• Hi Lisa,

      Yes, generic formulations are slightly different and can cause changes in certain sensitive individuals. You may have more luck with the brand medication. It’s also possible that your need for hormone has changed over time.

  2. Hi Westin,

    I’m a 24 Yr old woman suffering from heavy hairloss since the age of 21 prior to which I had severe cystic acne that went away with accutane.
    I do have hashmitos thyroiditis with high TPO but normal t3, t4 and tsh levels.
    Testosterone, dheas and estradiol are all very normal although it is possible that I have pcos. I’ve tried different dht blockers and none have made a difference.
    Other than the heavy hair loss, I suffer from occasional insomnia. I’ve read through your articles and I have incorporated these activities since a few months:
    -Gluten free, Dairy free low GI diet
    -3 to 4 times medium impact exercise
    – yoga and meditation
    -taking dim/calcium D glucarate supplements
    -I have no known nutritional deficiencies

    Seek your help! Thank you!!

  3. Hi Dr. Westin,

    I have been experiencing abnormal hair shedding on and off for about a year. I have seen a gynecologist and two GPs. The original hypothesis was that my low-androgen combination birth control pill caused the hormonal imbalance. But it has been 10 months since I discontinued usage and I am still shedding abnormally and am not seeing return to full density. I believe I have lost at least 1/3 of my hair diffusely.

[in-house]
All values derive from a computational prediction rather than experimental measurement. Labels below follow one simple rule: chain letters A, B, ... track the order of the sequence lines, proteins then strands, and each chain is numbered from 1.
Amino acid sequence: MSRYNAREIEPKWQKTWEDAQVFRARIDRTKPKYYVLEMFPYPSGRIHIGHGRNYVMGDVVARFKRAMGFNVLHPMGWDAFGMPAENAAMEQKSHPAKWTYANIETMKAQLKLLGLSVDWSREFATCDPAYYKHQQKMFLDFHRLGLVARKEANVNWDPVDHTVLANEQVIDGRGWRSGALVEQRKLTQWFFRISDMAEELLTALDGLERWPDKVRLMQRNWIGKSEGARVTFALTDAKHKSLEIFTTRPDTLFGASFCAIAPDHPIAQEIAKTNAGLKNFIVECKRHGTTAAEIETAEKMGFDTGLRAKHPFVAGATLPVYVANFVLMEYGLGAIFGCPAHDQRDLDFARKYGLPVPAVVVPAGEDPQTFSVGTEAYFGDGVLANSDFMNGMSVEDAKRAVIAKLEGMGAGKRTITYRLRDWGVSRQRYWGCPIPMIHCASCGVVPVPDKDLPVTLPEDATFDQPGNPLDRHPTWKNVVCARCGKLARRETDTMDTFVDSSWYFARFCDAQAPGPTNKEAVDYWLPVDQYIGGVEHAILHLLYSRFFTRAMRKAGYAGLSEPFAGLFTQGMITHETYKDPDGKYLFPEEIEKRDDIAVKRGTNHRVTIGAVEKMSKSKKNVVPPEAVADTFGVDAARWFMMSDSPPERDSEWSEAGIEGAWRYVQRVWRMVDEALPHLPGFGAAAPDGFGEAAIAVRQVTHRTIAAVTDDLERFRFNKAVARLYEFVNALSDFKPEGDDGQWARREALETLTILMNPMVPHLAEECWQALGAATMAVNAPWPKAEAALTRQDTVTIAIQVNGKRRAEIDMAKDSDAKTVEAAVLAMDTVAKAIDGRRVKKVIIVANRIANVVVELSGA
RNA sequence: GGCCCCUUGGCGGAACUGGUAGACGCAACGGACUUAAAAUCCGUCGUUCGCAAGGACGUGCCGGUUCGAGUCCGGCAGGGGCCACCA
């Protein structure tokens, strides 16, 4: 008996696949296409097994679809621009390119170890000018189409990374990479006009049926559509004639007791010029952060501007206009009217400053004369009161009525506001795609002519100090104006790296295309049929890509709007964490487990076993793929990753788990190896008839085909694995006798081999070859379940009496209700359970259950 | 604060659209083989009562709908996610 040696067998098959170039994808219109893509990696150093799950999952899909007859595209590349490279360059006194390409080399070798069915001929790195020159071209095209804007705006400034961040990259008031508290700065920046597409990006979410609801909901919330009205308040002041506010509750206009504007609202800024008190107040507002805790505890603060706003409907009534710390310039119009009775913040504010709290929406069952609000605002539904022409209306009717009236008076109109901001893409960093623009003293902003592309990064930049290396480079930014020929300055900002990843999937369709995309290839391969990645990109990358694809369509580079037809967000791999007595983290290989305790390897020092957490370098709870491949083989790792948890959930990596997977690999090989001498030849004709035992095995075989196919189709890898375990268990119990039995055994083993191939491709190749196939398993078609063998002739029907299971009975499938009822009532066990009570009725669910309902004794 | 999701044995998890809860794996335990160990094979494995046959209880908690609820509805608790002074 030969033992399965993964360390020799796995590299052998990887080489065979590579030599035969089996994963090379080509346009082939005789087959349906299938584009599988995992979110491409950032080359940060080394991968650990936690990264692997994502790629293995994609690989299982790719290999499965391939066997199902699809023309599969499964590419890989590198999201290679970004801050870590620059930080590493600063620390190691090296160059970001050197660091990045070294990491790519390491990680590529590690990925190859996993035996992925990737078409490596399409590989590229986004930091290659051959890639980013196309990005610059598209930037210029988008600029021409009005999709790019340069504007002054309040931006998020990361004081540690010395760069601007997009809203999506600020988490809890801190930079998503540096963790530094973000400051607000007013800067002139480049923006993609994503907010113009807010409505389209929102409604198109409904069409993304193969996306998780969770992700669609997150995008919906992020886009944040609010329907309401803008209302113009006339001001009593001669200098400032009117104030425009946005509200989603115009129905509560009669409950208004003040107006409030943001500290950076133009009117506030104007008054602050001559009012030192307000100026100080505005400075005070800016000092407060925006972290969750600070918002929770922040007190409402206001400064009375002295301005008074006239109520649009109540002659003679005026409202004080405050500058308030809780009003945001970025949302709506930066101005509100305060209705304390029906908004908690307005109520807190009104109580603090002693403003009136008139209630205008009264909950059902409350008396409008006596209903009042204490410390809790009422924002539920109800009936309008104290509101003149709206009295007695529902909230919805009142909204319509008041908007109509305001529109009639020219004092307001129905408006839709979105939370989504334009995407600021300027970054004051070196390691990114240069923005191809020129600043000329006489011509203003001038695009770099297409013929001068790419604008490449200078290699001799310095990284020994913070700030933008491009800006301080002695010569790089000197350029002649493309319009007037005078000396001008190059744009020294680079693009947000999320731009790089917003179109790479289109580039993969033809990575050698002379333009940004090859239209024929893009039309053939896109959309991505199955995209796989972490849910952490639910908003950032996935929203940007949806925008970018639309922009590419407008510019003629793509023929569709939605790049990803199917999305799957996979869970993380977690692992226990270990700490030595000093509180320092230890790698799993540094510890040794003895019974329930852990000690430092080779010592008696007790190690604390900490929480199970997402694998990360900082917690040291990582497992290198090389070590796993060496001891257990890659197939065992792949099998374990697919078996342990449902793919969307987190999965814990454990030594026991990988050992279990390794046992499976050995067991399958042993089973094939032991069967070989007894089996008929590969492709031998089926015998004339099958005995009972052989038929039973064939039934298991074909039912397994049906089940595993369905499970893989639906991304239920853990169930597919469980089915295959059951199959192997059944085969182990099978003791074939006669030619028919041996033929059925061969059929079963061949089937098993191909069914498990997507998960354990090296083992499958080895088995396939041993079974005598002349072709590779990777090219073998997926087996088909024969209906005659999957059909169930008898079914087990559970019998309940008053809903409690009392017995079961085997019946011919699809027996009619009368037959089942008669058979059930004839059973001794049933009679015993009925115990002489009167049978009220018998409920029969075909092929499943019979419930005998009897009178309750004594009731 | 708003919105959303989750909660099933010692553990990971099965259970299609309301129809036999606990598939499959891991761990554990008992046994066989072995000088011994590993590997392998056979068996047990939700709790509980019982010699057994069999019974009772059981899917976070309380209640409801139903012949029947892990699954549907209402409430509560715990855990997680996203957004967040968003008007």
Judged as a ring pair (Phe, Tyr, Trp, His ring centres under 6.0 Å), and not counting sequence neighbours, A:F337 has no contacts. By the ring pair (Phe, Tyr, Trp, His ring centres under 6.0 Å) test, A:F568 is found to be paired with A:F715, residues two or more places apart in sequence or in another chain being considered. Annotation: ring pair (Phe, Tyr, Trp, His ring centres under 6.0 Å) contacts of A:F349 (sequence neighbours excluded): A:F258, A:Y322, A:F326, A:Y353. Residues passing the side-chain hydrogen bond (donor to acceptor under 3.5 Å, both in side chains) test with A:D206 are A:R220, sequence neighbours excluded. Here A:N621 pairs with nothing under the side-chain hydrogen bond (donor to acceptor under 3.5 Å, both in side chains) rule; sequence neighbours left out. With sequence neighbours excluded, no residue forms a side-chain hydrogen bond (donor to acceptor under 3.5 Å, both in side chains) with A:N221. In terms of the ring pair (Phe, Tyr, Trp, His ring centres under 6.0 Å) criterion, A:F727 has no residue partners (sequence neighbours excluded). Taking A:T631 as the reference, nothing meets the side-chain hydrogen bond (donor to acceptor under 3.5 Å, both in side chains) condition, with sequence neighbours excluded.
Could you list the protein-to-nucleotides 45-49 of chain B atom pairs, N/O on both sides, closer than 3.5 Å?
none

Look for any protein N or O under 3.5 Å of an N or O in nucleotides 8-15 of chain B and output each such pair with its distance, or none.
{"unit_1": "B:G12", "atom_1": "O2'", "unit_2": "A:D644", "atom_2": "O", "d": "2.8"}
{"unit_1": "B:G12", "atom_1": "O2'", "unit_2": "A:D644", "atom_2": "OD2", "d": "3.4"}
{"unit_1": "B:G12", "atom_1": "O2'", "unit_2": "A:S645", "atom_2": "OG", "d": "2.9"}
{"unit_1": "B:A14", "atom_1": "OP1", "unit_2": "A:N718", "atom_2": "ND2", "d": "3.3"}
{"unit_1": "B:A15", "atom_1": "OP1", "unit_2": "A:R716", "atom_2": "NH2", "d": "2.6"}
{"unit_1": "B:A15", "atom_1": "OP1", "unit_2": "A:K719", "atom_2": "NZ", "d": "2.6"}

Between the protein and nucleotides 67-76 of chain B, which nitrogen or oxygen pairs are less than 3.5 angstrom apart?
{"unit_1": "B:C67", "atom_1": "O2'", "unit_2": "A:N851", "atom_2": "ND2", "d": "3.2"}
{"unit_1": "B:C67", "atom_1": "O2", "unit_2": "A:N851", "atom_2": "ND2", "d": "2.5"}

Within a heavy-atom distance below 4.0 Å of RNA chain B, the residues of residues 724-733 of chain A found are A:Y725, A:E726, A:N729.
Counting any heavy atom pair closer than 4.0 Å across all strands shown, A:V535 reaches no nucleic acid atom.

My new GP prescribed me with a natural thyroid medication despite normal blood results on a full thyroid panel. She alluded to the testing gap with thyroid diagnosis and believes my cold sensitivity, low energy and family history of hypothyroidism justify the diagnosis.

    My bloodwork shows high total and bioavailable testosterone, with DHEA on the higher albeit normal range. My half sister has PCOS. Word is that my grandma wore a hair piece when she was older, so I may have a genetic predisposition to hair loss.

    I have long believed I have PCOS, but medical professionals say I do not present as a classic PCOS patient because I am thin; although, I very irregular periods and cysts on my ovaries.

    I want to find the root cause of my hair loss so I can treat it effectively. What do you advise as my medical next steps?

  4. Hi Dr. Westin,

    I was diagnosed with PCOS in September last year after having come off the pill in June last year and my periods not returning. In August last year my severe hair loss started – I went through 9 sessions of mesotherapy, 3 PRP sessions and one Regenera Activa therapy and nothing is helping at all.